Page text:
In recent months, I interviewed a number of people about their experiences in Open Source, contributing at Mozilla and under a number of topics, which included ‘events’.
“ Neurodiversity is the concept that humans don’t come in a one-size-fits-all neurologically “normal” package. Instead, this it recognizes that all variations of human neurological function need to be respected as just another way of being, and that neurological differences like autism and ADHD are the result of normal / natural variations in the human genom” — Autism Awareness Center
Among those who identified as having neurodiverse experiences of the world, we uncovered two compelling insights.
The first was just how many neurodiverse folks we actually have in the community:
“We (neurodiverse people) are an over-represented group in tech, yet technical events are skewed towards neurotypical attendees”. — community interview
The second was that neurodiverse experiences at events (community events, conferences, hackathons, workshops) were far from ideal. Loud, bright, crowded, often intensely interactive and with few opportunities to break or rest, and well… I heard that , ‘tech’ events are basically extrovert playgrounds.
And then I went to Disneyland.
My youngest daughter has Sensory Processing Disorder . The crowded, bright, LOUD, hot and energized atmosphere for her is shrill and uninterpretable tsunami of information — all loudly competing for the same space in her brain. Not a entirely different than many technical conferences.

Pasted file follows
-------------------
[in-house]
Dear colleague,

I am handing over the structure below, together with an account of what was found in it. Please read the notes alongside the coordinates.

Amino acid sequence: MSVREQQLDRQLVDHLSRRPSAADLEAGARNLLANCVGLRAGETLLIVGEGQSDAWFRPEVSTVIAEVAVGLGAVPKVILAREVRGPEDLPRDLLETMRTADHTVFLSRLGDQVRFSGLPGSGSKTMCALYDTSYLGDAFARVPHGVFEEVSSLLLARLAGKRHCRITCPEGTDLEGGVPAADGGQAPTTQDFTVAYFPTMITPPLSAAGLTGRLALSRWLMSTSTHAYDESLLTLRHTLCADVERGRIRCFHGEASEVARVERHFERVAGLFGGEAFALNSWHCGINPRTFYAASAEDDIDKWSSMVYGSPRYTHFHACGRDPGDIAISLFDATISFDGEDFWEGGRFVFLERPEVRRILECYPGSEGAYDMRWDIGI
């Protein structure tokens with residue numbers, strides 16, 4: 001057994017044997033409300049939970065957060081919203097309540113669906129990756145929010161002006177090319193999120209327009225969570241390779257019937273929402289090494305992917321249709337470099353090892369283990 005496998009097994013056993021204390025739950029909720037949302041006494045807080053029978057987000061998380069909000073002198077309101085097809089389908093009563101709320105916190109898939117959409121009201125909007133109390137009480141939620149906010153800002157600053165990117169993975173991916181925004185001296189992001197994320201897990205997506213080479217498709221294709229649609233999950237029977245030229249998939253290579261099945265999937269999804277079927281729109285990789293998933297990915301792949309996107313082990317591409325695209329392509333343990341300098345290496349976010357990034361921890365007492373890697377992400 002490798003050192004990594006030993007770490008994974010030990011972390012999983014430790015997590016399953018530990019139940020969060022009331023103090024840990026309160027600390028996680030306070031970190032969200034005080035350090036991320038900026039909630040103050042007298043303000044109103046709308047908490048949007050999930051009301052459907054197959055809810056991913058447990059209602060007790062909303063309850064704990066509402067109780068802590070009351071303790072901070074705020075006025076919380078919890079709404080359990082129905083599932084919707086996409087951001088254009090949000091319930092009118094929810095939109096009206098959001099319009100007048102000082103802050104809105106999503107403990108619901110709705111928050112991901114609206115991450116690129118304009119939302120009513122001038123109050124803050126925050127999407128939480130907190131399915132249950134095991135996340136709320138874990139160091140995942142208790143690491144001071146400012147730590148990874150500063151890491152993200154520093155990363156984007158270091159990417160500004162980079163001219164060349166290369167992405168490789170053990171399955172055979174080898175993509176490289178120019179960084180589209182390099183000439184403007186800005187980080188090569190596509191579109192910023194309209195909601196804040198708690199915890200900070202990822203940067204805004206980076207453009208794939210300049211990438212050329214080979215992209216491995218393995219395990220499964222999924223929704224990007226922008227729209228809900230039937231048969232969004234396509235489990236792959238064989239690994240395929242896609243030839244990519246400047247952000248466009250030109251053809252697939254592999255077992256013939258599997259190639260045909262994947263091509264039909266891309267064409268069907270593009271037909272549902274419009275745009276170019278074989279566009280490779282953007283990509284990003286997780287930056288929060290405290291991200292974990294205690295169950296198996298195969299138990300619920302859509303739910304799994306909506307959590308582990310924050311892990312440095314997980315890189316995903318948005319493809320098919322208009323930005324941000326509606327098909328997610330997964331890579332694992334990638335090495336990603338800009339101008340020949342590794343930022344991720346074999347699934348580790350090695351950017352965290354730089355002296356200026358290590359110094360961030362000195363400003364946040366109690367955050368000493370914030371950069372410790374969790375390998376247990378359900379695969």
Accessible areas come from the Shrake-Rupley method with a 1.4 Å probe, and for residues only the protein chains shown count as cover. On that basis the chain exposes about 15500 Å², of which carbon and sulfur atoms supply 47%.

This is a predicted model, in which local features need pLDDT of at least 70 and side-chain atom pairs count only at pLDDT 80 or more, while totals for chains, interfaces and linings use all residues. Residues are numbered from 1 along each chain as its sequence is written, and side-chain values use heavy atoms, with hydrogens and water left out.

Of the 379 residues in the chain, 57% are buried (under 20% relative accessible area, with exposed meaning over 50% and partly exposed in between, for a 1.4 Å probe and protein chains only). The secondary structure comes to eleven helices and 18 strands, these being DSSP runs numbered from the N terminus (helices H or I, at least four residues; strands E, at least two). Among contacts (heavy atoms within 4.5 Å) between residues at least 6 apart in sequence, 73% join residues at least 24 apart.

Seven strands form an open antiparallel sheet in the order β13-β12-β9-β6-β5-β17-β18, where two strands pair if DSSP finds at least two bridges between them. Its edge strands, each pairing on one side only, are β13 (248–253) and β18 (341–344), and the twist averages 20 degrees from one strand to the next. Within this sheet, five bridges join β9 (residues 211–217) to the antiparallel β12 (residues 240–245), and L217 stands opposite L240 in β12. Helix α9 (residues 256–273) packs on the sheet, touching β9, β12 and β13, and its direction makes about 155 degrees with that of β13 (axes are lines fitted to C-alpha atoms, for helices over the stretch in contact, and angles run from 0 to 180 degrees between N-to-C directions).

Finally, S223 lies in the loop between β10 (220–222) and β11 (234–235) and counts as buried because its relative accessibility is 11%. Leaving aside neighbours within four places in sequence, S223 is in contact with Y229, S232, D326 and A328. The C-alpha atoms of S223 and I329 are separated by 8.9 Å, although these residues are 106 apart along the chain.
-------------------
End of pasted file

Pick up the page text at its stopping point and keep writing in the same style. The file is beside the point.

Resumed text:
I would never have attempted this trip without the existence of the DAC (Disability Access Card), which gave us full unquestioned access to ‘ask for what we needed’ —that was… to avoid standing in crowds or long lines, and to have a quiet room for breaks. It made the impossible — fun.
I came home to research what it looked like to be an adult experiencing the world similarly attempting to attend technical events and conferences. A search of 20 websites turned up the word ‘diverse’ often, but usually to describe skillsets, and speakers. ‘Accessiblity’ turned up in speakers talks, but not on top-level website content.
I know many conferences have embraced some of AdaCamps’s design like colored lanyards for photographs, but the only conference I could find that outwardly invited, that reaches out — on the front page, to diverse participants — was Wiscon (thanks to Sarah Sharp for pointing me to it).
Wiscon’s main page lists ‘spaces’ for Safer spaces for Trans/Genderqueer, people with disabilities, of color and yes a quiet place ❤ Supporting links for policies include Accessibility with links for accessible travel between hotels, acknowledgement of barriers that remain and the responsibility of everyone to make the event accessible including presentation material. And I am leaving out a lot.
I would love to learn of other events leading the way — in helping neurodiverse and other abilities visualize their success at events , before they arrive — it’s really critical in building inclusive offline culture in communities.